Flo Mcilwaine calls herself a professional Instagram stalker. She means this as a joke, but it’s at least partially true. Social media is how she found most of the the women who appear in the photos for her new business, she said, along with inviting folks she knew IRL. She even roped in her associate’s mom.
All the searching came to fruition in March, when McIlwaine and longtime friend Kate Sisk launched Hidden Intimates, a lingerie catalog that purposely features people of all shapes, sizes, colors and ages.
With a mission that focuses on telling stories instead of presenting a manufactured idea of beauty, Hidden Intimates channels the current thinking around undergarment fashion. Sales of push-up bras have plummeted in recent years, falling 50% in 2017 and continuing to flatline as wireless sports bras and bralettes have surged, according to market research firm Edited.
“The industry is changing,” said Sisk, who was raised in South Jersey and now lives in Philly’s Queen Village neighborhood. “Victoria’s Secret is closing stores. A lot of that is because of the marketing — those models are unrealistic. What we wanted to say to women and people wearing our items is that you’re beautiful the way you are.”
Mcilwaine fell for the brand when she got a job there during college in Madison, Wisc. In the fitting room, she got a thrill helping customers build out their look with advice about styles and accessories — just like she watched her mom do as a kid. On graduation, her manager suggested she apply to work at company HQ. When she arrived in Philly in 2013 after being hired as a buyer, she was sent to learn from a mentor. That mentor: Kate Sisk.
As fast friends, the duo had plenty of fun. Even after they both left Anthropologie for other jobs, Kate and Flo remained close. They laughed about Sisk’s turn on the reality show “Married at First Sight,” and took vacations together to places like Miami, Paris and Myrtle Beach.
Through it all, they also shared a secret passion: to one day own their own boutique.
Over the years, they would trade success stories and thoughts on best practices, and have long discussions about “a new era” of entrepreneurship. Then one night at dinner last year, they had a moment. Discussing a common acquaintance who had just launched her own business, they decided to take the plunge. Said Mcilwaine: “It was the time to make our dream a reality.”
They spent about nine months doing competitive market analysis and other research, Sisk said. After looking at options for funding, the partners decided to start with a simple line of credit, which they flexed to the tune of tens of thousands of dollars to get things off the ground.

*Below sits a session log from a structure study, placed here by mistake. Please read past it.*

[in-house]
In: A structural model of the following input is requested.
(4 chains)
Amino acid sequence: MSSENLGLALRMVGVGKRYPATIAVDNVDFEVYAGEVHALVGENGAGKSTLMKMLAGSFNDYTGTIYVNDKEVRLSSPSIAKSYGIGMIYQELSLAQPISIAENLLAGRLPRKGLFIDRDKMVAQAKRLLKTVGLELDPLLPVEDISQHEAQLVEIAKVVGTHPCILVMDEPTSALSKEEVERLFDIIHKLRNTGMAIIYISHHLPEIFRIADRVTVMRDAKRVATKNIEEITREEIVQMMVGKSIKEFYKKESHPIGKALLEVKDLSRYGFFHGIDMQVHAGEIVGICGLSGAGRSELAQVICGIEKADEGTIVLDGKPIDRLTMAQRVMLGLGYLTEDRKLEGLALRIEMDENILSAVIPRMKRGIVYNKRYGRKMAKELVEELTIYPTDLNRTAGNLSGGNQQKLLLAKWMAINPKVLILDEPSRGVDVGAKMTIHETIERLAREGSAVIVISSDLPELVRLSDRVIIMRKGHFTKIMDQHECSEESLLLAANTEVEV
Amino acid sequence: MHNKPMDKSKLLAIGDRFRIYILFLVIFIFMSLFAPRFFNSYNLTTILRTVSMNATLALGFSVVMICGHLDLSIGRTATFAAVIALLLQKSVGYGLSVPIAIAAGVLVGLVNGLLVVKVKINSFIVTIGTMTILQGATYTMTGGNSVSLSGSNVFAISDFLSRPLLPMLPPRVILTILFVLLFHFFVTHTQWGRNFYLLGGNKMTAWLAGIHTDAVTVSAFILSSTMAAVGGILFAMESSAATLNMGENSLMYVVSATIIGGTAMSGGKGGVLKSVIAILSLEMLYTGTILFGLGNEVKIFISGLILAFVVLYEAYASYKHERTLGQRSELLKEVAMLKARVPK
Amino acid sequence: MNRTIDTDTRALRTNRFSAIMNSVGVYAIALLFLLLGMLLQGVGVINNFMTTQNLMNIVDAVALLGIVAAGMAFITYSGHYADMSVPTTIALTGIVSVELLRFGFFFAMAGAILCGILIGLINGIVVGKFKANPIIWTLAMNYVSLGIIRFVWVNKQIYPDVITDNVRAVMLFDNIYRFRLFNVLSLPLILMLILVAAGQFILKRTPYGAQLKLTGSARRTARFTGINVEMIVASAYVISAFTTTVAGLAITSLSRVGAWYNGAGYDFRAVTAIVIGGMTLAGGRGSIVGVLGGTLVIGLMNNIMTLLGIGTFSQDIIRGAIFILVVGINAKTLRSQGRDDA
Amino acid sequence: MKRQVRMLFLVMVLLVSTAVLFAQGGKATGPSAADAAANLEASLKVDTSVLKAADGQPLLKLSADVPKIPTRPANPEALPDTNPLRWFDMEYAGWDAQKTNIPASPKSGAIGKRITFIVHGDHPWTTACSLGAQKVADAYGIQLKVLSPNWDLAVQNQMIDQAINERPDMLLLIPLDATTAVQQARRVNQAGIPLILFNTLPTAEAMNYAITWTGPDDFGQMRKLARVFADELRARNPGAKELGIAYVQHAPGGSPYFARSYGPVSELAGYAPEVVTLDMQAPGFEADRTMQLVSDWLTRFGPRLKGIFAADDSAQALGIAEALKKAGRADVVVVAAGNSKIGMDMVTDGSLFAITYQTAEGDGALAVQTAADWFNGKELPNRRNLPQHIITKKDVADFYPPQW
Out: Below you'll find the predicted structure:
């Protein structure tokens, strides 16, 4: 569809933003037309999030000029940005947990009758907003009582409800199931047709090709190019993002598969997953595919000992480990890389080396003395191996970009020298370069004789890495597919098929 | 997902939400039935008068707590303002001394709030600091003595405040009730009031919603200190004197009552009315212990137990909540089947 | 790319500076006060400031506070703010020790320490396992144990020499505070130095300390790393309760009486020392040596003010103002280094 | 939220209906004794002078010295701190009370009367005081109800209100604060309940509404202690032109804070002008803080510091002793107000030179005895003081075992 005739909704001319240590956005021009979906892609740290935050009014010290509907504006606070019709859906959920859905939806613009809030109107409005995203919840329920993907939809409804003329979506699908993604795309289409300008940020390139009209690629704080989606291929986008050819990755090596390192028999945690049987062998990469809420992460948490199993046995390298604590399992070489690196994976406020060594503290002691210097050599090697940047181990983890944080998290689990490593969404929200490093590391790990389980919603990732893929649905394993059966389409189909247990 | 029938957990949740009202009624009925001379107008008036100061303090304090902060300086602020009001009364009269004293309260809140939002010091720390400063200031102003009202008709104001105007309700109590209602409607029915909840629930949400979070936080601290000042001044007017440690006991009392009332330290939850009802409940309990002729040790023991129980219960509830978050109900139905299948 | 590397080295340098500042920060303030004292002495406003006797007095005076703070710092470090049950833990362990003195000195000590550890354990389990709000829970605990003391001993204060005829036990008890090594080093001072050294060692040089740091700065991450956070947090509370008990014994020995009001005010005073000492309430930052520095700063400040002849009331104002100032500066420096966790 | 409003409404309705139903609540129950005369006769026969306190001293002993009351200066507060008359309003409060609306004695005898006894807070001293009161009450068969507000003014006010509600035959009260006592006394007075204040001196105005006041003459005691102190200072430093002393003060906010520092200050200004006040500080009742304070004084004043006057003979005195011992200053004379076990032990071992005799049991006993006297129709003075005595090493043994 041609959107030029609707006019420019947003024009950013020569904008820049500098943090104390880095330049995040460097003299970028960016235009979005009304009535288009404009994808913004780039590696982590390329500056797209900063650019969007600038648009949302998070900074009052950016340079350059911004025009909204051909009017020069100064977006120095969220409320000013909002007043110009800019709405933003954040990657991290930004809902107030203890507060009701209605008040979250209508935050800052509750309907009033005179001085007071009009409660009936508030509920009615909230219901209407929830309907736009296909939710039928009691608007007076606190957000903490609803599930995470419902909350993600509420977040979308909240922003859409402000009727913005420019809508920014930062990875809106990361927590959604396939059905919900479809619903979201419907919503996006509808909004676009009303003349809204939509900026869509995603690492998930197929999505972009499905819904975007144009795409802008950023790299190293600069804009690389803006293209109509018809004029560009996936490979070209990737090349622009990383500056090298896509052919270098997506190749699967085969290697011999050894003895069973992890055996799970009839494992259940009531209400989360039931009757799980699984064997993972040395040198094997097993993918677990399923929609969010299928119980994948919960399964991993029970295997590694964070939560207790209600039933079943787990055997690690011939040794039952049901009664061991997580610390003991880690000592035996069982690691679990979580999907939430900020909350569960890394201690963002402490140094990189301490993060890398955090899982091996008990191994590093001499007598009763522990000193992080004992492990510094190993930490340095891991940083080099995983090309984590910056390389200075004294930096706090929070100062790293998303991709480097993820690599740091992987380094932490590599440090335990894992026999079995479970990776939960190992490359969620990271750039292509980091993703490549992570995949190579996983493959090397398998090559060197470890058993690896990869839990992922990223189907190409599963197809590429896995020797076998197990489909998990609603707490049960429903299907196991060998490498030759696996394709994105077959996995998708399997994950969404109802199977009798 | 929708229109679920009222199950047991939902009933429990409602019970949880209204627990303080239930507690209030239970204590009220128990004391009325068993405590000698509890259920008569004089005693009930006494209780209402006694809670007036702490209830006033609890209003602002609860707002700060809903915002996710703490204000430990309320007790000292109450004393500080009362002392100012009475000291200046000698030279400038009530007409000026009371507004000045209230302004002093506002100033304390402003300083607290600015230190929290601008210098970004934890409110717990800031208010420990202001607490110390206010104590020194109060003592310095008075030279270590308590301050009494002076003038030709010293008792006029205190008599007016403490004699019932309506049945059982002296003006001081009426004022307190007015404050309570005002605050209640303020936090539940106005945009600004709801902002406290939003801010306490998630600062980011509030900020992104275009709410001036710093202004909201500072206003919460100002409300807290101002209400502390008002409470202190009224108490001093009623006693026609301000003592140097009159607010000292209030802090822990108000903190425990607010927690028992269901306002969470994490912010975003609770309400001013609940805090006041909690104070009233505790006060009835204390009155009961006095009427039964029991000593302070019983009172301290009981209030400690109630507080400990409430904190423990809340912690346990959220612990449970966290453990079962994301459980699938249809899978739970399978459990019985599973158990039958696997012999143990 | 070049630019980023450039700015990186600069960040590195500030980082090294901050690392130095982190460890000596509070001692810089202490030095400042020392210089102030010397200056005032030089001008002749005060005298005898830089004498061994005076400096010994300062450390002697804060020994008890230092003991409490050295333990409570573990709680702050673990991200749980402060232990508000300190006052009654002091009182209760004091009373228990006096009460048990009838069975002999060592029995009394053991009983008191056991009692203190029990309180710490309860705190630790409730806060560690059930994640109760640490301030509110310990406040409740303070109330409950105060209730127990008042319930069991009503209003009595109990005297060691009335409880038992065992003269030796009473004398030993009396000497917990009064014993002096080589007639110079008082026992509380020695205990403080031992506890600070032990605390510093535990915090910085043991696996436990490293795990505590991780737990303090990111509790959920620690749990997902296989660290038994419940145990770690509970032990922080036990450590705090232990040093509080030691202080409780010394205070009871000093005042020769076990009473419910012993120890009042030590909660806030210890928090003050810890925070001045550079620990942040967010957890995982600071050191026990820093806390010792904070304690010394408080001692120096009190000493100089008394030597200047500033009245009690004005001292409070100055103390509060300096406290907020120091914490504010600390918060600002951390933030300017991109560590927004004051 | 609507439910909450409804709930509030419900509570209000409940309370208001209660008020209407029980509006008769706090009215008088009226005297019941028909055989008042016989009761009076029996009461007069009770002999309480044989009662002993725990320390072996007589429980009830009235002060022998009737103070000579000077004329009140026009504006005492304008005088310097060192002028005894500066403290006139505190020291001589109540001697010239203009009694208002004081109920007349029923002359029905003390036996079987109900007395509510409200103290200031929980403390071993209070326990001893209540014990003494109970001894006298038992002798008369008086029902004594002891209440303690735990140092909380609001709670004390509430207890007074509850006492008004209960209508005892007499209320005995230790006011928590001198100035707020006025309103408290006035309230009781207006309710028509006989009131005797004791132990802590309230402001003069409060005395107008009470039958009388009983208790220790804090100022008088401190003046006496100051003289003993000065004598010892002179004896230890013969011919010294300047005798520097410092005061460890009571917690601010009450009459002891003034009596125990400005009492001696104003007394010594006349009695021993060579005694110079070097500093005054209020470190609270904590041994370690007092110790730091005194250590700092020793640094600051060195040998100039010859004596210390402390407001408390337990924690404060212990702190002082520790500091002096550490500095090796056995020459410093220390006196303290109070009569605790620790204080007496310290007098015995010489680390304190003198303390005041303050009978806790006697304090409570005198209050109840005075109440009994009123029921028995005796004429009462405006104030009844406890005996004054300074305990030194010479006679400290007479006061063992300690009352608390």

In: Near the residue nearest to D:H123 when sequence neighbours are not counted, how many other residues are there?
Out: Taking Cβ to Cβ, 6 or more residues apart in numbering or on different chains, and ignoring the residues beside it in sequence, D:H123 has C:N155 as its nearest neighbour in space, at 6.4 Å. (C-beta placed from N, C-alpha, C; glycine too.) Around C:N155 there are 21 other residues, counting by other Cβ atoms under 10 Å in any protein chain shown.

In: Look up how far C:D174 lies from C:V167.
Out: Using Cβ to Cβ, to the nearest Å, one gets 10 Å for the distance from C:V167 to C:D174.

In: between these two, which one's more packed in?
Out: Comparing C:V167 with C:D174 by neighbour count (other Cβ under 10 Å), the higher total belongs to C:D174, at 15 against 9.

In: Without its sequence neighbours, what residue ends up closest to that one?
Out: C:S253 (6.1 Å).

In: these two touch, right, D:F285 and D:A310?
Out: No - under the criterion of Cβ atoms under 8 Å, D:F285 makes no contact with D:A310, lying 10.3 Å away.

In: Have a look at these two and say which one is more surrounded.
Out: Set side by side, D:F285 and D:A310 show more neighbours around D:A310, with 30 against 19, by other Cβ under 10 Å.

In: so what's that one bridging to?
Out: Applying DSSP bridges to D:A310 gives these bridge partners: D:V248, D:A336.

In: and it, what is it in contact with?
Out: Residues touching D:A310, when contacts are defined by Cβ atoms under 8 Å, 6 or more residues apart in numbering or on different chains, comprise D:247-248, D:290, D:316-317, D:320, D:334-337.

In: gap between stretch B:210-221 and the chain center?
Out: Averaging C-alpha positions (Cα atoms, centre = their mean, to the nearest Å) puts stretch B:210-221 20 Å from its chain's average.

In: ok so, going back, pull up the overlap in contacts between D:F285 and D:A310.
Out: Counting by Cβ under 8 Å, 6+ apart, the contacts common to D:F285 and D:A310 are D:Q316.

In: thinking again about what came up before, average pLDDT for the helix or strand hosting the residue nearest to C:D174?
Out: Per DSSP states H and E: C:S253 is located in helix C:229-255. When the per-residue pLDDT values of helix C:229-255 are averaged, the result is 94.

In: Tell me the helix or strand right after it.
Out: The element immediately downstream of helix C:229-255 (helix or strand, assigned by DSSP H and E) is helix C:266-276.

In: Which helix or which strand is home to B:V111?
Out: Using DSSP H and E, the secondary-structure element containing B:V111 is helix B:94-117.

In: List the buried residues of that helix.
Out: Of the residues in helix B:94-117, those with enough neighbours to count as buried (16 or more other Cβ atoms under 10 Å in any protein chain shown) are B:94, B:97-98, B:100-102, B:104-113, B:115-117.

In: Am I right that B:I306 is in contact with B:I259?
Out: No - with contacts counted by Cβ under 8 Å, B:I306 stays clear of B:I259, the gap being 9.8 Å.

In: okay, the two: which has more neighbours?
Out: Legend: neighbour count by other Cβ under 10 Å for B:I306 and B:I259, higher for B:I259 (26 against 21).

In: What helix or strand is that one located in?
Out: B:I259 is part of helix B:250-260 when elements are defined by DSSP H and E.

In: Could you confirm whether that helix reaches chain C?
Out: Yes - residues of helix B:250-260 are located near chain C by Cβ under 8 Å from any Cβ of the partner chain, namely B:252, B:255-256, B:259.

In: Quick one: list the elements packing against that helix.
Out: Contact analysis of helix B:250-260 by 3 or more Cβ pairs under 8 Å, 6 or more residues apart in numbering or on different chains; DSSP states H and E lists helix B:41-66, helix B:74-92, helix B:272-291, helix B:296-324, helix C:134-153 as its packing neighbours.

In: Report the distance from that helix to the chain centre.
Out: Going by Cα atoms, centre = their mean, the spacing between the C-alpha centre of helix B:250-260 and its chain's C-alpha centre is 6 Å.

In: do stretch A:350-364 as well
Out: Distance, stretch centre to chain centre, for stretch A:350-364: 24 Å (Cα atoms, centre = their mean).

Outside investments would have been great, and they’re still open to investors who want to help the business — “Put that in the article!” said Mcilwaine, laughing — but they also hope others will be inspired by the knowledge that the project was bootstrapped.
It wasn’t about being cheap, they stressed. All of the found “models” in the photos on the HI site and the photographers who snapped them were paid for their time. The same philosophy about fair compensation informs what brands Hidden Intimates sells.
Along with decisions about lingerie color, texture and cut, “We consider who is making them,” Sisk explained. One of their favorite manufacturers is run by a woman who expressly hires other women at higher wages than standard for the garment industry in Vietnam, for example. A second is run by another Anthropologie alum — with whom Kate and Flo eventually hope to partner to create a custom line.
For now, they’re just working to gain traction in a crowded market. If you’ve ever explored buying underwear online, you know how quickly your Instagram feed fills up with bra and panty purveyors.
But things are going well. Since launching three months ago, Hidden Intimates has sold about 50 pieces to people from all over North America, they said. One person ordered from Texas, and another from Canada. On trend, the most popular item is the “everyday lace bralette,” which has no wires and sells for $18. Each one gets shipped by hand from Mcilwaine’s house in Atlanta, where she still works a day job as a buyer for Home Depot.
“She was very involved, a support system,” Mcilwaine said. She recently overheard her mother talking on the phone. “I am not surprised,” said Flo’s mom about her daughter following in her fashion-oriented footsteps. “Not one bit.”